Fat-adaptation is . . . hard to describe. But if you were performing at a certain athletic level before keto, took a hit after starting keto, and are now performing again at (or above) your previous level—that is a very good indication of fat-adaptation. Adaptation takes generally six to eight weeks (in some people even longer), because it involves certain shifts in hormone and enyzme production in muscle cells. I’m sure that mitochondrial healing/reproduction is probably also involved, as well.
Another sign of fat-adaptation is increased mental clarity and all-round energy level. But if you are an athlete, performance is the most clear-cut and most objective measure.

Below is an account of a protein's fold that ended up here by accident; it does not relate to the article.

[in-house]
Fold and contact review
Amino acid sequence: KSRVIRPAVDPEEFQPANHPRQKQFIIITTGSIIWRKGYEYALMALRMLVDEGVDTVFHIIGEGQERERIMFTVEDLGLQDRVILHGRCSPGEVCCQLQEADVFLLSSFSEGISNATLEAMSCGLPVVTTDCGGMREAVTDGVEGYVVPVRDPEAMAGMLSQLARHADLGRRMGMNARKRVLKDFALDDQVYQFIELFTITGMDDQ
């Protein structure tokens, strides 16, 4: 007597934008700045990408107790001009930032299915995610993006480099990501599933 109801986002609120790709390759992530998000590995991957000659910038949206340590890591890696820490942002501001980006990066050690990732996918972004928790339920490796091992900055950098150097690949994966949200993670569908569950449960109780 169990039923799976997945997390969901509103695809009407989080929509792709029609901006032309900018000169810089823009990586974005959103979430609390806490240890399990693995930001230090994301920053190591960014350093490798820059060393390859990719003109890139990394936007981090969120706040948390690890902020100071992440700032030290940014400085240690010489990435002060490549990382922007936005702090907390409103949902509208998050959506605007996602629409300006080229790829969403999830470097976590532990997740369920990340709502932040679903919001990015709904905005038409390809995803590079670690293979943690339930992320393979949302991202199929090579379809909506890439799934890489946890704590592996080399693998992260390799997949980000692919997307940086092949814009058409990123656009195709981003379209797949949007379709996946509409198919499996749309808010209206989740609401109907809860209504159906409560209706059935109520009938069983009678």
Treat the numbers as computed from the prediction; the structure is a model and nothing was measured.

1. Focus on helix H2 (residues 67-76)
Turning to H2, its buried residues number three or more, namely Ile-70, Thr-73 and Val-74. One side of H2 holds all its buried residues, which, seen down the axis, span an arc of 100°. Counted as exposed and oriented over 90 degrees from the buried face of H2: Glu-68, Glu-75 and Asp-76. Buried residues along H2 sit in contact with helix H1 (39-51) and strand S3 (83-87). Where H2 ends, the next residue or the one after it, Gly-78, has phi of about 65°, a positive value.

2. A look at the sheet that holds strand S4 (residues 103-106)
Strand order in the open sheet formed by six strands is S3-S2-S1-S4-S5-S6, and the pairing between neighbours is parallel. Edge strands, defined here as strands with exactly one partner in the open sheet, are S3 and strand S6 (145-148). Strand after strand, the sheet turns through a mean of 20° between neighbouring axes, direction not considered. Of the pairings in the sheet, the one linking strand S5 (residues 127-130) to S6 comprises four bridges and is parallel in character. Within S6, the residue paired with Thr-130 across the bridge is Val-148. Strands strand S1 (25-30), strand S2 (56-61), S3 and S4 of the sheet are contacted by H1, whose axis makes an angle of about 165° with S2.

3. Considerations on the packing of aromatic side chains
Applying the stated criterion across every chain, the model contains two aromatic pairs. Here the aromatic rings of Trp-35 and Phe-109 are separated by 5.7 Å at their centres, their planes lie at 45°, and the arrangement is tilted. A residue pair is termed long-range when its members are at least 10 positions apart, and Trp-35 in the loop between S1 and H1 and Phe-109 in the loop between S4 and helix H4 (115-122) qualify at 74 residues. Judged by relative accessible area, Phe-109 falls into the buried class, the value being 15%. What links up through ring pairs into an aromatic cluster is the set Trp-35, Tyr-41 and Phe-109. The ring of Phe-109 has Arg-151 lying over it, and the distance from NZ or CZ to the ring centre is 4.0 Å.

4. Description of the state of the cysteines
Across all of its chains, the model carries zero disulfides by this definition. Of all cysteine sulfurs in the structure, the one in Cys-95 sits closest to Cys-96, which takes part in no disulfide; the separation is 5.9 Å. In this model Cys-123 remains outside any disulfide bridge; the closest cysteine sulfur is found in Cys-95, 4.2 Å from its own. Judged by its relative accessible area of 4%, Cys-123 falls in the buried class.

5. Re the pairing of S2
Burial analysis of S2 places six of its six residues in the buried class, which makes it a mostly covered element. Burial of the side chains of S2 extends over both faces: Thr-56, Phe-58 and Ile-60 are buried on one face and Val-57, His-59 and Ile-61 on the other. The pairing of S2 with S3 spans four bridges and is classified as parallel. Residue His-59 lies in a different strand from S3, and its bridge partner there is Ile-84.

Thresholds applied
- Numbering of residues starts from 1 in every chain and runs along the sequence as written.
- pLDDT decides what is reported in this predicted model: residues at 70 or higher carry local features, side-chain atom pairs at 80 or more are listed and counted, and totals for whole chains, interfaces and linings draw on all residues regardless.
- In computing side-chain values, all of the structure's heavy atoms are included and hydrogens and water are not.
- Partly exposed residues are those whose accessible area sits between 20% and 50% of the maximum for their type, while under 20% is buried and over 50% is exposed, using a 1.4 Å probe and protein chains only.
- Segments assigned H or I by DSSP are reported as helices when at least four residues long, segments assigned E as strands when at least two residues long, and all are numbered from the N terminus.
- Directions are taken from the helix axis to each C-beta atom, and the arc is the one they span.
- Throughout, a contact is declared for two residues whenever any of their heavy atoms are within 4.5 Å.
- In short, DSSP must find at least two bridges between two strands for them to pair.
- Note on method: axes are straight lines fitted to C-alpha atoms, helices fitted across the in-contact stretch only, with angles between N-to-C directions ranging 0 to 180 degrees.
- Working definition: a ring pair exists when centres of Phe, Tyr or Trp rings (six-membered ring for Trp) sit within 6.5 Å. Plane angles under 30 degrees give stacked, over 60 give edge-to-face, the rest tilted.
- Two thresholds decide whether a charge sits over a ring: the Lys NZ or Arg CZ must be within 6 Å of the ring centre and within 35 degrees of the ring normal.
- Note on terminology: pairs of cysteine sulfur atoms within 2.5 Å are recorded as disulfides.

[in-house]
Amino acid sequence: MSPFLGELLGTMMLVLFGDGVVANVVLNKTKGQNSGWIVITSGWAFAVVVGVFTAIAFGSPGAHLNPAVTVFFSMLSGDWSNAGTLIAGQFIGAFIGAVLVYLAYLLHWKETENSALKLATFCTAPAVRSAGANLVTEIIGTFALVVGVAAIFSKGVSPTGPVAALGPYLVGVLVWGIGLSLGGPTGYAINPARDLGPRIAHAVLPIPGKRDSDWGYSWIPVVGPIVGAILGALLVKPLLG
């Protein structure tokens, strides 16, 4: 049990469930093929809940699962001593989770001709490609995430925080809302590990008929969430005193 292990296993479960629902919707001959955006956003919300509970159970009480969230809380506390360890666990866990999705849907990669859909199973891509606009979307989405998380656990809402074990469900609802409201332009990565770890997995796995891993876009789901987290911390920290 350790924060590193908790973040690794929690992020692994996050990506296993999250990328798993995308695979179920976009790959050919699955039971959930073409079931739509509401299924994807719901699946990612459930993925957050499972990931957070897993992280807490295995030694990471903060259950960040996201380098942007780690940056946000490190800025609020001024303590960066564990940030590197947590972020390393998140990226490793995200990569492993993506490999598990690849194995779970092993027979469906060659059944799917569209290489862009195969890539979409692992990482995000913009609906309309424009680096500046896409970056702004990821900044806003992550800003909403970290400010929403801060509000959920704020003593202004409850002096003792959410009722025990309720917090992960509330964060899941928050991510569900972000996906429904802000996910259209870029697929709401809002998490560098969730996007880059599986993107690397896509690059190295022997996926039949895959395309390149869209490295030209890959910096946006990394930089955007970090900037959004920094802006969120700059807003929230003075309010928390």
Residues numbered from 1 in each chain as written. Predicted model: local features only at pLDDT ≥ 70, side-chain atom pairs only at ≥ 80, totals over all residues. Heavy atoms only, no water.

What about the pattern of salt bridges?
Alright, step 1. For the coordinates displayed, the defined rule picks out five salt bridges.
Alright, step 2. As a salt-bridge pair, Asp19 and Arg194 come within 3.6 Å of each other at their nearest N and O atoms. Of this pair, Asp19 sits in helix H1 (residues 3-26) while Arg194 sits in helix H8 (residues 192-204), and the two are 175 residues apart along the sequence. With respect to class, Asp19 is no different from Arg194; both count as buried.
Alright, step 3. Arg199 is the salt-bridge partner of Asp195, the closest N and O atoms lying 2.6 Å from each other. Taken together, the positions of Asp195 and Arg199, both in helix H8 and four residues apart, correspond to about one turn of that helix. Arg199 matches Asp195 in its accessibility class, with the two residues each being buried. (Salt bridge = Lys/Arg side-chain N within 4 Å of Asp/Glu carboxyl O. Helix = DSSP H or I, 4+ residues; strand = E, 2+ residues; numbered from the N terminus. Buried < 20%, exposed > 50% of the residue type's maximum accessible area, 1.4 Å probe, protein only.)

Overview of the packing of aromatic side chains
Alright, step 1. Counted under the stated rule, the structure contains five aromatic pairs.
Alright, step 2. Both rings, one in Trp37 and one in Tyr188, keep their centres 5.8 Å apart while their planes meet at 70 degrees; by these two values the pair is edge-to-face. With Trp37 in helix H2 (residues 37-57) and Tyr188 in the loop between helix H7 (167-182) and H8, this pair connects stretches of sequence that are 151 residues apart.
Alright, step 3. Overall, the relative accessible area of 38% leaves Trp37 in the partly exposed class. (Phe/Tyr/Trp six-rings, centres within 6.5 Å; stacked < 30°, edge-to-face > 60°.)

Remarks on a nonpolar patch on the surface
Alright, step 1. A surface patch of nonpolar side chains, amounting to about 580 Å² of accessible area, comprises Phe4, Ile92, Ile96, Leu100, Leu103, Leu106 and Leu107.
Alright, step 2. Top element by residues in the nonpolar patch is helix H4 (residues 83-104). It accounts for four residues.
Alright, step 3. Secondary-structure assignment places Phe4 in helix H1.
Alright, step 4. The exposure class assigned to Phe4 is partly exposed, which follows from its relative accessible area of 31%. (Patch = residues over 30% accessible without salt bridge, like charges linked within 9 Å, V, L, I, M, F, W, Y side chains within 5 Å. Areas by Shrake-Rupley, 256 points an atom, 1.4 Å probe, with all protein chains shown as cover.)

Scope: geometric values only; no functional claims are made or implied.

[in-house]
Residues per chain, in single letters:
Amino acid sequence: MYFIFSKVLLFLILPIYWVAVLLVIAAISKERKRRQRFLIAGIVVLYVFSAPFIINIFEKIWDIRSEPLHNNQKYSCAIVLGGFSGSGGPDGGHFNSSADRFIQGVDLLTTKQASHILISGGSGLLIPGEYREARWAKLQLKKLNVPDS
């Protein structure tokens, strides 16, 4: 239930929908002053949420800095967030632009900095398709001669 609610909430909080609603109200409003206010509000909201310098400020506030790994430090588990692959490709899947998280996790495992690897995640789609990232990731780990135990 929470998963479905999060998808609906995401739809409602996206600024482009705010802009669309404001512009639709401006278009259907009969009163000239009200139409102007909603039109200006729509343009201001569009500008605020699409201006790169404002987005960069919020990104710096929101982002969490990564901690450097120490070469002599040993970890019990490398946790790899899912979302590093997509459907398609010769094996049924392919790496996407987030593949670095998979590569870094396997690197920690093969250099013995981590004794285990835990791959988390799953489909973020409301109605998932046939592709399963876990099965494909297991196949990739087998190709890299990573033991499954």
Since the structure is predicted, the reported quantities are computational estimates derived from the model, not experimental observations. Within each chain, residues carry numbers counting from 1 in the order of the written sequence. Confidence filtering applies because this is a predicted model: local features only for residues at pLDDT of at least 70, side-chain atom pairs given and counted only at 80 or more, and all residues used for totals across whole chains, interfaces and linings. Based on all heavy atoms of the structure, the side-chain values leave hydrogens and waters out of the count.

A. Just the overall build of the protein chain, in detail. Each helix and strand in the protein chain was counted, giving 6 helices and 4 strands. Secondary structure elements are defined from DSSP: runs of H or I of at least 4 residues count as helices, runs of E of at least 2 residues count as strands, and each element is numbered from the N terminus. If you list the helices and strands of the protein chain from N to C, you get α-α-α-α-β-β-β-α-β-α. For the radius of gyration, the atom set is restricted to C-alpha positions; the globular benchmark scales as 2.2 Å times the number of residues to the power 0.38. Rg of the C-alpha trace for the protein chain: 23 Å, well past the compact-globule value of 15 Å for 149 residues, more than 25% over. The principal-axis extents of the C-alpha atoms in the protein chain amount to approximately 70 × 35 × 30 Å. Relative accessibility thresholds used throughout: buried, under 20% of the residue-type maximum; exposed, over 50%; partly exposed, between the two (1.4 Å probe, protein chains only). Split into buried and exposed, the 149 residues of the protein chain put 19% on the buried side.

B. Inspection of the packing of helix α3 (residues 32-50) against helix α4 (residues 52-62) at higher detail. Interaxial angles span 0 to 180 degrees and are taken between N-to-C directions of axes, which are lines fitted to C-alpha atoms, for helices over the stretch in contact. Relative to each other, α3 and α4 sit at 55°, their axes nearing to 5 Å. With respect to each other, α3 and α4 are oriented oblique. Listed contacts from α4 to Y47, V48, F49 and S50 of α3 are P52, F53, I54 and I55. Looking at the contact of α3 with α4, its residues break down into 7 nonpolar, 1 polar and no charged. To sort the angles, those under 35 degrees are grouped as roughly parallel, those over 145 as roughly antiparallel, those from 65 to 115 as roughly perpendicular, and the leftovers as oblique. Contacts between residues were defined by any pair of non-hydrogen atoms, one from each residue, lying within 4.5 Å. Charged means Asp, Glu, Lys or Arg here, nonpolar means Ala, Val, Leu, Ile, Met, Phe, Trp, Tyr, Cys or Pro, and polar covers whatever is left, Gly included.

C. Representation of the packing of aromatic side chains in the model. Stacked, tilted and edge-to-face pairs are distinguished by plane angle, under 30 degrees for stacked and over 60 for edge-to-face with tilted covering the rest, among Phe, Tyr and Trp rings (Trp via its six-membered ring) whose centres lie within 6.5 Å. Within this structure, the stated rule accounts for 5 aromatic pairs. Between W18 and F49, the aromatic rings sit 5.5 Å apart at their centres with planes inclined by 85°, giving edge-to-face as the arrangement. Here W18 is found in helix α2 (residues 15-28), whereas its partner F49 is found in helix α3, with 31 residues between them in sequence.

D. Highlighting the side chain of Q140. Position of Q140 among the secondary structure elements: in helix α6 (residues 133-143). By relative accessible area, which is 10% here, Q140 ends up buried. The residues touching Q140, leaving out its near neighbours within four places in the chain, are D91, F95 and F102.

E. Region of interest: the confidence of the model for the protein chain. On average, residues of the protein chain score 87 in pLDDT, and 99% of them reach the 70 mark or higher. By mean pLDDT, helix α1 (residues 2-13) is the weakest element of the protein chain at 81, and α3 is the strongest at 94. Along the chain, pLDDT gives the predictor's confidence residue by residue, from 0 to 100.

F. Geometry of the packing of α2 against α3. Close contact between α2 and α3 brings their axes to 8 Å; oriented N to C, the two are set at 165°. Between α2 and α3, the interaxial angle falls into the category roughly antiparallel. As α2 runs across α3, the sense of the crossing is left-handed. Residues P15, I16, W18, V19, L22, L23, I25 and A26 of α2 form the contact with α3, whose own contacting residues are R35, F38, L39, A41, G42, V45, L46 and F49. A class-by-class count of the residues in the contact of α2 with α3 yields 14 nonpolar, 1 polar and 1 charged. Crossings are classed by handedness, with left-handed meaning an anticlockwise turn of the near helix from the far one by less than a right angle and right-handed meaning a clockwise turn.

Oh, and finally: many people experience a rise in their serum glucose levels after fat-adaptation. This is because once they become fully fat-adapted, the muscles prefer to metabolize fatty acids over glucose and even ketones, thus sparing them for the cells that must have them (the red blood cells have no mitochondria and therefore cannot survive without glucose, and the brain really thrives on β-hydroxybutyrate, one of the ketone bodies). The sign of this “physiological insulin-resistance,” or “glucose-sparing,” as I prefer to call it, is that even though the serum glucose is somewhat higher than it was (earlier on the ketogenic diet, I mean), the HbA1C level remains in the non-diabetic range (under 5.5). This means that the slightly higher level of glucose is actually being used, because it’s not glycating the hemoglobin, as is the case in glycolytic people (a/k/a “sugar-burners”).
Clear as mud, I know, sorry!